Welcome to the #IIEX Europe Conference Series 2019. Recorded live in Amsterdam, this series is bringing interviews straight to you from exhibitors and speakers at this year’s event. In this interview, host Jamin Brazil interviews Bjorn Londahl, VP of Technology at Cint.

This Episode’s Sponsor: 

GreenBook

Contact Bjorn Online: 

LinkedIn

Cint


[00:02]

My guest today is Bjorn, with Cint. Welcome, sir, to the Happy Market Research Podcast.

[00:08]

Thank you very much. Nice to be here.

[00:09]

You’re speaking tomorrow at IIeX, right?

[00:13]

Yes.

[00:14]

Tell us a little bit about your talk.

[00:16]

I’m going to talk about driving innovations and primarily how we do that at Cint by running quarterly hackathons. It’s a way to push innovation, to free up our mind, free up our time and it’s actually been super productive. I hope that I can share some knowledge about how we do it at Cint.

[00:38]

How long have you guys been doing hackathons?

[00:41]

Basically, since I started. It’s like four years now.

[00:45]

You’re based out of Stockholm?

[00:46]

Yes.

[00:47]

Do you do it company-wide?

[00:49]

Yes. We have development teams in Stockholm, the U.S., and some in Asia as well. I will also talk about how we did hackathons that are not only tech-focused, that actually involves other parts of the business. Cint is a global company so we have …

[01:08]

You have got to tell me a little bit more. You do hackathons, but non-technical?

[01:13]

Yes. You can call it different things, basically what it is all about is getting people and stakeholders in a room for a period of time and try to innovate… It doesn’t have to be in technology. You can innovate in business. You can innovate in process. If you have the time and you are able to try different things, you can actually get a really good outcome even for non-technical hackathons.

[01:46]

That’s pretty cool.

[01:47]

Yes. I think so.

[01:48]

Do you have an example of a specific time there was a great outcome?

[01:52]

Yes. I’m going to talk about that tomorrow. We actually had a session around quality where for basically two days, we gathered all the stakeholders… The thing is that usually you know the problems and you often have ideas of how you could solve it, you never have the time to actually approach those. If you actually take the time and do it focused… We actually came up with a lot of different things that we could improve the process. That we can approach different clients, different partners and after these two days we actually had a really good outcome and we were able to improve the quality throughout the whole platform within just a couple of days.

[02:37]

In business, you’ll have these persistent problems in dysfunction and you can get through it by just band-aiding the problems. It’s not solving it, it’s just like, “Okay, I’m just going to keep doing it the way I’ve always done it and I know that there’s this workaround.” Then you just build the business processes around these workarounds. By taking a dedicated period of time, and actually solving that, whether it’s a process, technology, new product or whatever, it can add tremendous leveragability inside of the business.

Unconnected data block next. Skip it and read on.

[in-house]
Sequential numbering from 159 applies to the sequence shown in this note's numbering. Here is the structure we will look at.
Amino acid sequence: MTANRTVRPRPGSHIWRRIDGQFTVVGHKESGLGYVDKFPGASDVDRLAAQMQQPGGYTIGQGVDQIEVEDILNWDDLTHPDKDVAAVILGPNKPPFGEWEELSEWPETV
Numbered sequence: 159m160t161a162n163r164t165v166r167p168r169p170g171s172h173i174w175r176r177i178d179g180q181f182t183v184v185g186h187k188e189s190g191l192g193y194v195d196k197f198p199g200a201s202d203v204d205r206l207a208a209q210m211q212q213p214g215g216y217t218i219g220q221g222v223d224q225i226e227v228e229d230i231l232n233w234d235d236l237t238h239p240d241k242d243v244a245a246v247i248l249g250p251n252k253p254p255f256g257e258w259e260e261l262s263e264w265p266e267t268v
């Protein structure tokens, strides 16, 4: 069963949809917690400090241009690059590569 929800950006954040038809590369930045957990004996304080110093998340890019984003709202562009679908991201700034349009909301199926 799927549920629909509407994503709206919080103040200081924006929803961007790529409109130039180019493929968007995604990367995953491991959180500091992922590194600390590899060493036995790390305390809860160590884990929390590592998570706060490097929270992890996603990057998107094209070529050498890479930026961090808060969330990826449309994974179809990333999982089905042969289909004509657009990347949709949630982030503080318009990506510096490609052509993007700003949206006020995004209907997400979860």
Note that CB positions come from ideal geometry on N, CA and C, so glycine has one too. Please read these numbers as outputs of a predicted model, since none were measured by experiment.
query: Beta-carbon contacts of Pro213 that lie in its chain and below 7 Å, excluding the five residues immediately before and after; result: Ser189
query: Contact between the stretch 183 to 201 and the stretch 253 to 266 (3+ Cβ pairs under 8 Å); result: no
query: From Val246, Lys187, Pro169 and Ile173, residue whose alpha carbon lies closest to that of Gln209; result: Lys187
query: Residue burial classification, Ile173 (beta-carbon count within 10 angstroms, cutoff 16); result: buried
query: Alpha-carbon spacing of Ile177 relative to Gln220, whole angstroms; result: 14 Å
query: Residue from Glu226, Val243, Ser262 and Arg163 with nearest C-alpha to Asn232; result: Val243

[03:12]

Yes. Usually, when you get in those sorts of states, you have this mental concept that this is so hard to get out of. When you actually focus and take your time, you realize that it wasn’t that hard actually. You just had to do it.

[03:27]

You just have to put the work in.

[03:28]

Yes.

[03:29]

That’s a great point actually because it’s “easy” to be lazy.

[03:34]

Yes.

[03:35]

You brought this concept, obviously, to Cint when you joined. Was it hard to get executive buy-in?

[03:45]

No. Not at all. We started–

[03:47]

There’s a right answer by the way. (Laughs.)

[03:51]

We’ve done this in the tech team. We did it by ourselves, now as we’ve moved on, the business as a whole has realized all the good things that come out of it. Now it’s really something that everyone appreciates and talks about and likes. You can start in a small set and then expand it. People love innovation and if you just heads-up it’s not that big issue. That’s the thing about a hackathon. You take one or two days off basically from your normal work. That’s not that much. You’re not investing that heavily in something. It’s kind of easy to get a buy-in.

[04:38]

Have you ever partnered with a customer to do something like that?

[04:44]

Yes. We have had customer input. We have discussed about actually inviting them and being a part of it. We haven’t done that yet, but it’s on our roadmap. To actually do more customer-based where we actually involve specifically with partners. To invite them.

[05:01]

There could be a lot of potential value created by, even if the actual end result wasn’t a commercial outcome, just going through the process you would learn so much about each other. Seems like that would be very beneficial.

[05:21]

The thing that you learn from this is… The outcome in some cases could be something that you can start using in your business. It could also just be learning. Just testing something and realizing that this didn’t work is also a good outcome.

[05:38]

I’m looking forward to your talk tomorrow. If someone wants to get in contact with you, how would they do that?

[05:44]

They will probably have to email right now. I’m not that active on Twitter. (Laughs.) I assume you would have one. I’ll make sure I’ll be online.

[05:55]

Tomorrow.

[05:55]

Yes.

[05:56]

Tonight. No, wait. Tomorrow is Twitter chat for me. Anyway. Sorry. I completely digressed. We do a live Twitter chat once a month where we bring in… Somebody at Cint should actually definitely join the conversation

[06:10]

I’ll make sure they’re there.

[06:12]

Thanks so much for being on the Happy Market Research Podcast.

[06:15]

Yes. Thanks a lot. It was fun.